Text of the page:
Author Topic: Defending the "Swinging Gate"  (Read 1863 times)

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Offline coachgye

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Defending the "Swinging Gate"
« on: October 30, 2015, 04:50:29 AM »
How would you defend this?

...E.T.G.C.G.T.........E.................
............B.................B...........B..
.............................Q................

I team came out in this first play and we were not prepared.  Luckily they could not execute and they never went back to it.

I was thinking:
............................F..................
C....2....................1..............C...
.5...E....N...E..2........5................
...E.T.G.C.G.T.........E..................
............B.................B...........B..
.............................Q.................

Offline Michael ODonnell

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Re: Defending the "Swinging Gate"
« Reply #1 on: October 30, 2015, 11:54:04 AM »
Ideally, you defend numbers with numbers . . . against the flanker to the right, you put out a DB; against the middle 3 (snapper, RB, and QB), you put 3; and against the rest, you put the rest of your defense. In fine tuning your match ups you need to take into account the skills of their players without short changing yourself too badly in another area.

For example, if their flanker on the right is their primary receiver, you may want to double team him by pulling one of your defenders from "the mass" which does leave you one defender short but there are a lot of numbers there already. If someone in the middle 3 grouping is a huge threat, you may need to bolster that area with another defender.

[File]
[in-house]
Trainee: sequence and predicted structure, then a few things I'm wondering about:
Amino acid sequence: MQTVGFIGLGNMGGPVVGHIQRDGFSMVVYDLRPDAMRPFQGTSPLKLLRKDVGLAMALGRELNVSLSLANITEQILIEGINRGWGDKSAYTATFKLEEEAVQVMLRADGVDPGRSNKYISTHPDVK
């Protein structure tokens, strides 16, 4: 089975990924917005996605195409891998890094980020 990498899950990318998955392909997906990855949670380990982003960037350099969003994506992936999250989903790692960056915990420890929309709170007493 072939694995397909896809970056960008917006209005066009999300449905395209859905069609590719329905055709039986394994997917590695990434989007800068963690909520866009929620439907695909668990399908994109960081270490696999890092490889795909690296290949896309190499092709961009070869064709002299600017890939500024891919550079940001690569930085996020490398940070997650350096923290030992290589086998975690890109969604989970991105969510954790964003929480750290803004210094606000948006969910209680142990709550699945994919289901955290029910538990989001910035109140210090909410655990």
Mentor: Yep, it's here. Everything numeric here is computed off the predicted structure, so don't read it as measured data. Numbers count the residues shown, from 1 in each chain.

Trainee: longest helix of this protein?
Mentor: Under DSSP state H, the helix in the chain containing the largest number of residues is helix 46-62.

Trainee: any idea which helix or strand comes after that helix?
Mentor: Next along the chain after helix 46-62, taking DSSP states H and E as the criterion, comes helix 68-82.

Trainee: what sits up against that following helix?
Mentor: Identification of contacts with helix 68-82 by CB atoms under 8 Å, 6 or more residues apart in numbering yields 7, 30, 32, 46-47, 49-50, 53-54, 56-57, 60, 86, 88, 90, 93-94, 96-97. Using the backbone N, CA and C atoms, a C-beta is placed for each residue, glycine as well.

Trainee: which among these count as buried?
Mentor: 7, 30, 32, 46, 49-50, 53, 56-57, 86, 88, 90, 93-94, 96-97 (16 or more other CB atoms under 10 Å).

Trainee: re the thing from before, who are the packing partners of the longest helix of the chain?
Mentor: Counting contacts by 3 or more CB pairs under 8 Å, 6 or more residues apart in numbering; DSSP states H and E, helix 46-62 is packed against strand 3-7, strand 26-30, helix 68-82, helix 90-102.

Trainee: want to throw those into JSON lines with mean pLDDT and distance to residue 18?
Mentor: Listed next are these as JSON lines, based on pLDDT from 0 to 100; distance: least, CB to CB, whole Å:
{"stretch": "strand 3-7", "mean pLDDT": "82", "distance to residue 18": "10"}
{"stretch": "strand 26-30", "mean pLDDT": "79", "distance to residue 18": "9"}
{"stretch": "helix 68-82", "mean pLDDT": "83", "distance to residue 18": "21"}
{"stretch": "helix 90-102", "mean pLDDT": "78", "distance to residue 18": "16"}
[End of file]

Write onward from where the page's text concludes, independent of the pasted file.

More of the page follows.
The key is to initially match numbers with numbers and then adjust to their skills.
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Offline coachgye

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Re: Defending the "Swinging Gate"
« Reply #2 on: November 02, 2015, 12:53:07 PM »
Ideally, you defend numbers with numbers . . . against the flanker to the right, you put out a DB; against the middle 3 (snapper, RB, and QB), you put 3; and against the rest, you put the rest of your defense. In fine tuning your match ups you need to take into account the skills of their players without short changing yourself too badly in another area.

For example, if their flanker on the right is their primary receiver, you may want to double team him by pulling one of your defenders from "the mass" which does leave you one defender short but there are a lot of numbers there already. If someone in the middle 3 grouping is a huge threat, you may need to bolster that area with another defender.

The key is to initially match numbers with numbers and then adjust to their skills.

Yeah I understand the most important thing is to match-up and not get caught outflanked or outnumbered.  My question was more about with this specific defense who goes where to match-up and if my adjustment was the right one.  I think next year I will have my nose count the number of lineman from the sideline and tell him to line up on #4 to set the defense.

Offline coachgt

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Re: Defending the "Swinging Gate"
« Reply #3 on: December 02, 2015, 01:27:49 AM »
I don't think you use the 1 to cover at all in 521. I think that if you teach the rules C counts to 4 and CB has 1, 5 has 2, FS has 4 and from there use an X call to send your 2 towards the QB. You shouldn't be out flanked or out numbered
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